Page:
Croce: Motetti & Sacrae Cantiones

Croce: Motetti & Sacrae Cantiones
Voces Suaves, Concerto Scirocco
Arcana A439. 52’19

 

Giovanni Croce (also known as Il Chiozzotto) was a choirboy in St Mark’s Venice under Zarlino, eventually becoming maestro di cappella around six years before his death in 1609, four years before Monteverdi took up the same post. He was also connected to Santa Maria Formosa, possible as a priest as well as a singer. Although renowned in his own day, he has been overshadowed by his most illustrious predecessors and successors. His music is not as grand as the Gabrielli’s, or a refined as Monteverdi, although the influence of the former is clear, notably in his polychoral writing.  Continue reading

Think Subtilior

Think Subtilior
Cercle des fumeux & Songs and Sounds
Ensemble Santenay
Ricercar RIC386. 51’13

Think Subtilior (Cercle des fumeux & Songs and Sounds)

Ensemble Santenay is a group of four musicians who met during their studies of medieval music in Trossingen, Germany. Using the simplest of instrumentation (flute, fiddle, lute, and organetto) and one (soprano) singer, their approach to performance combines innovation with simplicity. Their choice of repertoire for this CD is apt: the so-called Arts Subtilior period from the end of the 14th-century. Stemming from the Parisian confraternity of ‘eccentric young intellectuals’, Cercle des fumeux, the style spread to Avignon, Northern Italy and Cyprus. Arts Subtilior uses simple but expertly crafted musical means and complex rhythms to express emotion. What Ensemble Santenay uniquely bring to the music is their esoteric introductions to several of the pieces: little soundscapes with titles like ‘haze, ephemeral, emanation, exhalation and perfume’. These are based on improvisations on some of the musical themes of the songs and the sounds of the instruments, all subjected to some technical wizardry by their musical produced Thor-Harald Johnsen. The longest, ’emanation’, lasts nearly three minutes and features the organetto phasing in and out of flute sounds within an atmospheric background.  Continue reading

Bach in Advent: Clavier-Übung III

Bach in Advent
David Titterington, Siglo de Oro, Patrick Allies
Bach Clavier-Übung III ‘German Organ Mass’
St John’s, Smith Square. 21 December 2017

During the three-week run-up to Christmas, St John’s, Smith Sq has been running a series of free early evening organ recital, given by the curator of the SJSS Klais organ, David Titterington, and focussed on the music of JS Bach. The two I had intended to hear before evening concerts were both cancelled, but I did catch the evening concert that concluded the series. This was a performance of the major pieces from Bach’s Clavier-Übung III, occasionally referred to this Bach’s monumental work, the largest single collection of his organ music. It was published in 1739 and includes a wide range of musical style, in the form of chorale preludes (in pairs, with larger pedaliter and smaller manualiter arrangement) based on the German Lutheran Mass, together with four duets, the whole enclosed with a large-scale Praeludium and Fugue – the latter known in the UK as the ‘St Anne Fugue’ after the hymn tune which the theme resembles.  Continue reading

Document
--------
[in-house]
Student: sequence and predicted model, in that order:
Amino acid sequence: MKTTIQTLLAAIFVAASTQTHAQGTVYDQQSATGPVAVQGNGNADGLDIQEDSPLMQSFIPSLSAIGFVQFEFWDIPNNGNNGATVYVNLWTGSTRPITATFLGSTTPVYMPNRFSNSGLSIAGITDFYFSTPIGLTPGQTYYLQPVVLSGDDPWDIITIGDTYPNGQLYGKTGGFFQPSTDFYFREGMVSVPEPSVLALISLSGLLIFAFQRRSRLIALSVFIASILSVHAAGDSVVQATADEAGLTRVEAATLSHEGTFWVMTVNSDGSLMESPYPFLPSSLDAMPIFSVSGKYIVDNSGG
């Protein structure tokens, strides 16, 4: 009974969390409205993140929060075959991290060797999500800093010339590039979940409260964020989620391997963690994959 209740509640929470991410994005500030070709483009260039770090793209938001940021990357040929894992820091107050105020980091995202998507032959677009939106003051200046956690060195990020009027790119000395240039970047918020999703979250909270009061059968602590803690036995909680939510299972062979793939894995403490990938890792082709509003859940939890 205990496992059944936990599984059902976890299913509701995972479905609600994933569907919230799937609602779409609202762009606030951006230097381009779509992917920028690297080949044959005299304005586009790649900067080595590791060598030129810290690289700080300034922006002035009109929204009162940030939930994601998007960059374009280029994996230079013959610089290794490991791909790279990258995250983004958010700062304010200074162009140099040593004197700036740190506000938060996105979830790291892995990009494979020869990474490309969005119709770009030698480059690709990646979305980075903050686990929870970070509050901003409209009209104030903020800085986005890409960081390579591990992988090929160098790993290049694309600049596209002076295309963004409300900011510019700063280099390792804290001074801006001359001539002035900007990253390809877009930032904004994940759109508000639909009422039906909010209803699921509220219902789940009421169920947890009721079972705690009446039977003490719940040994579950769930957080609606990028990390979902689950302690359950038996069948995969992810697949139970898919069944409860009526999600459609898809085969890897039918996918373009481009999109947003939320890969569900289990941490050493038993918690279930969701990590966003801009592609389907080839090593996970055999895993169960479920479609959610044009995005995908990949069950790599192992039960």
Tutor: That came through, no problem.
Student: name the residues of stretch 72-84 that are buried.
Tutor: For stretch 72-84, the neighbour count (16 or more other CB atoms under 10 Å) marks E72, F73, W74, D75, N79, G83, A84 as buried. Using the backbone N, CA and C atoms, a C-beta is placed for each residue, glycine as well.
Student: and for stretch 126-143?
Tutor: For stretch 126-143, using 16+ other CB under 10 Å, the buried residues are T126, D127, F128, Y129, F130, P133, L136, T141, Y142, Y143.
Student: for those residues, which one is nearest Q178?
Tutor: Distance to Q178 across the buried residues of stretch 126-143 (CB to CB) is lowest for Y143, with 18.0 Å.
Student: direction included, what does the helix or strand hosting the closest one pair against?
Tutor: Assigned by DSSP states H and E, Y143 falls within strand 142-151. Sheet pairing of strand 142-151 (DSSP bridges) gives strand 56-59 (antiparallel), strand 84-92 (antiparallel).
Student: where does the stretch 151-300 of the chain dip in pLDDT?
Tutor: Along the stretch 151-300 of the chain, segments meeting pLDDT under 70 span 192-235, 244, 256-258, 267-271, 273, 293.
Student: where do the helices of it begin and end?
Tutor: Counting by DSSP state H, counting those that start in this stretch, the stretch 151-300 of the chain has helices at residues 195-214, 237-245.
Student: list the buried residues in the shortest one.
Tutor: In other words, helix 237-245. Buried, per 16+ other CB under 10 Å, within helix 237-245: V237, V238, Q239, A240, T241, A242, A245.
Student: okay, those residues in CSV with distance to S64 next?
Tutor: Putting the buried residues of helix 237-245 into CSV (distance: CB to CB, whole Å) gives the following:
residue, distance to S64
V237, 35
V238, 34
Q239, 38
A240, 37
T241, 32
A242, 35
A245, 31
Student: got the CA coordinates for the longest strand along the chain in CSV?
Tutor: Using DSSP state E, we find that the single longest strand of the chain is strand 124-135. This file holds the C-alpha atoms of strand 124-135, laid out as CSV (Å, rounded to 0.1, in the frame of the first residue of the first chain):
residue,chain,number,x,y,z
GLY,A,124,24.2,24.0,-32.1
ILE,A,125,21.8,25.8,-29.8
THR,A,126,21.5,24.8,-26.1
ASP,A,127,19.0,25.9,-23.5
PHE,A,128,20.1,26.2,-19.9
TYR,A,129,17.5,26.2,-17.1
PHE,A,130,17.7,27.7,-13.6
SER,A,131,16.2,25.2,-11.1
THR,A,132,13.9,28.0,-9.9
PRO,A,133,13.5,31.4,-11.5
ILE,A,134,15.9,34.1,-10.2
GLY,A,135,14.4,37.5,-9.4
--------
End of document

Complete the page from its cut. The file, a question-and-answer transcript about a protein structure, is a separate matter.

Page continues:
Opera: Passion, Power and Politics & Monteverdi Trilogy

 Opera: Passion, Power and Politics
Highlights from the Monteverdi Trilogy
Monteverdi Choir, English Baroque Soloists
Victoria & Albert Museum. 15 December 2017

As part of the V&A’s Opera: Passion, Power and Politics exhibition, the Monteverdi Choir returned to the site of their very first concert, 50 years ago in the museum’s Raphael Cartoon gallery to conclude their 2017 tour of Monteverdi’s three operas with a concert of extracts from all three. In the tradition of the V&A’s ‘Friday Lates’, they started at 6.30 with a series of Promenade Performances given in different galleries of the museum, starting with the L’Orfeo Overture performed from the gallery of the Grand Entrance before moving to the adjoining Medieval & Renaissance galleries for Duo seraphim, performed from the three projecting balconies. The audience was then shepherded through the massive Hertogenbosch choir screen for from two extracts from Il ritorno d’Ulisse in patria, a flash-mob style Coro di Feaci and Ulysses’s Dormo ancora sung by Furio Zanasi in the Renaissance chapel originally in Florence’s Santa Chiara church. Continue reading